shiny lacquer protects
it from car-wash
scratches and airborne
pollutants. The
coating contains
ceramic nanoparticles
that cross-link to form
a strong shield against
the outside world.
This sample shows how nanoparticle clearcoat
(on the right) protects paint from scratches
Nano-Solar cell vests
• This lightweight solar vest
would contain flexible solar
panels made from tightly
packed, nano-sized semi
conductor crystals. Solar
power collected by the vest
would be turned into
electric current, to run all
sorts of portable gear, such
as MP3 players, laptops
and mobile phones
Nanostructured polymer films
• Kodak is producing OLED colour screens (made of
nanostructured polymer films) for use in car
stereos and mobile phones.
• OLEDs (organic light emitting diodes) may enable
thinner, lighter, more flexible, less powerconsuming displays. Other consumer products
such as cameras, PDAs, laptops and flatscreen
televisions are made from plastic film built on the
nanoscale.
Rollup screens and displays
• Recent nanotechnology
developments have led to the
thinnest electronics ever. One
product of the future will be an
ultra-thin monitor made with
carbon nanotubes that shoot
beams of electrons at special
chemicals in a television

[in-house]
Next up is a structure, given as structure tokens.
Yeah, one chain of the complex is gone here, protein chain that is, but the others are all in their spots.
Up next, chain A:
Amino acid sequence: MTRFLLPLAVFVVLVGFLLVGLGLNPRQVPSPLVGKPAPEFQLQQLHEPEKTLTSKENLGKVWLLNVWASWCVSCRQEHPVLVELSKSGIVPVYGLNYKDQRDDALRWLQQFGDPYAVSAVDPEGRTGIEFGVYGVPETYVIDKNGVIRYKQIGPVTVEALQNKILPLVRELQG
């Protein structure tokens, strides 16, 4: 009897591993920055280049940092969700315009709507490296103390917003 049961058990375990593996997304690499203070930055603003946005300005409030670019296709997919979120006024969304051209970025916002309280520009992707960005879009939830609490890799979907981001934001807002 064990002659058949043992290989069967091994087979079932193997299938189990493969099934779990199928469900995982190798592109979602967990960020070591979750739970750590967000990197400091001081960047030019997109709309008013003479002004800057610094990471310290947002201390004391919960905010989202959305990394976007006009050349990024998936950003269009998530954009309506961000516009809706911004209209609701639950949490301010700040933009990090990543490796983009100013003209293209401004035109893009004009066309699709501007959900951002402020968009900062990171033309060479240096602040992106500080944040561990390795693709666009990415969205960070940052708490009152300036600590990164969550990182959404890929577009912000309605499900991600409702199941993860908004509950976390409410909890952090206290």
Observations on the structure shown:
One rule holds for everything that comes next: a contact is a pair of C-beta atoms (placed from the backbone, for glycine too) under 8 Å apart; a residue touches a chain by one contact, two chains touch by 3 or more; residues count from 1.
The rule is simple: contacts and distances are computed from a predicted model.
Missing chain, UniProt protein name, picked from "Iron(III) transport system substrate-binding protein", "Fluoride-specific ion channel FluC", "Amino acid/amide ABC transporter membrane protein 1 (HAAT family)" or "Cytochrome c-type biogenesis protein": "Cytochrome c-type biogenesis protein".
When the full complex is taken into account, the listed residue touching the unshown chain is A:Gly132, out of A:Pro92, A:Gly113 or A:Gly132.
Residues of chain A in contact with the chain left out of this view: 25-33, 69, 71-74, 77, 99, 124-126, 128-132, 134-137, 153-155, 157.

screen. The screen gives off
light and creates an image.
• Nanotubes are much thinner
then traditional TV
components.
Nanoclays and Nanocomposites
• Used in packaging, like beer bottles, as a barrier, allowing for
thinner material, with a subsequently lighter weight, and greater
shelf-life.
• The impact of this nano technology is that reduced weight means
transportation costs decline. Changing from glass and aluminum to
plastic reduces production costs.
• Nanoclays help to hold the pressure and carbonation inside the
bottle, increasing shelf life.
• Nanocor is one company producing nanoclays and nanocomposites,
for a variety of uses, including flame retardants, barrier film (as in
juice containers), and bottle barrier (as shown above). "They are
not only used to improve existing products, but also are extending
their reach into areas formerly dominated by metal, glass and
wood."
Stink-free socks
• Nanotechnology uses
silver nanoparticles in
sock fabric to kill
bacteria and fungus in
feet and stop them
smelling. Silver has long
been used to combat
bacterial growth but
nanotechnology has
provided a better way to
get silver into socks
without bothering your
feet or coming out in the
wash.
• sports equipment: nanoparticles are added to
materials to make them stronger whilst often
being lighter. They have been used in tennis
rackets, golf clubs and shoes.
• clothing: silver nanoparticles have been added to
socks. This stops them from absorbing the smell
of sweaty feet as the nanoparticles have
antibacterial properties
• healthcare: nanoparticles are used in sunscreens.
They offer protection and can be rubbed in so
there are no white marks.
• http://www.youtube.com/watch?v=_qPX7Ahj
L9M
Plenary
1. Tick the most appropriate ‘key word’ that
describes nano technology.
Smaller bigger
heavier
2. State one application of nanotechnology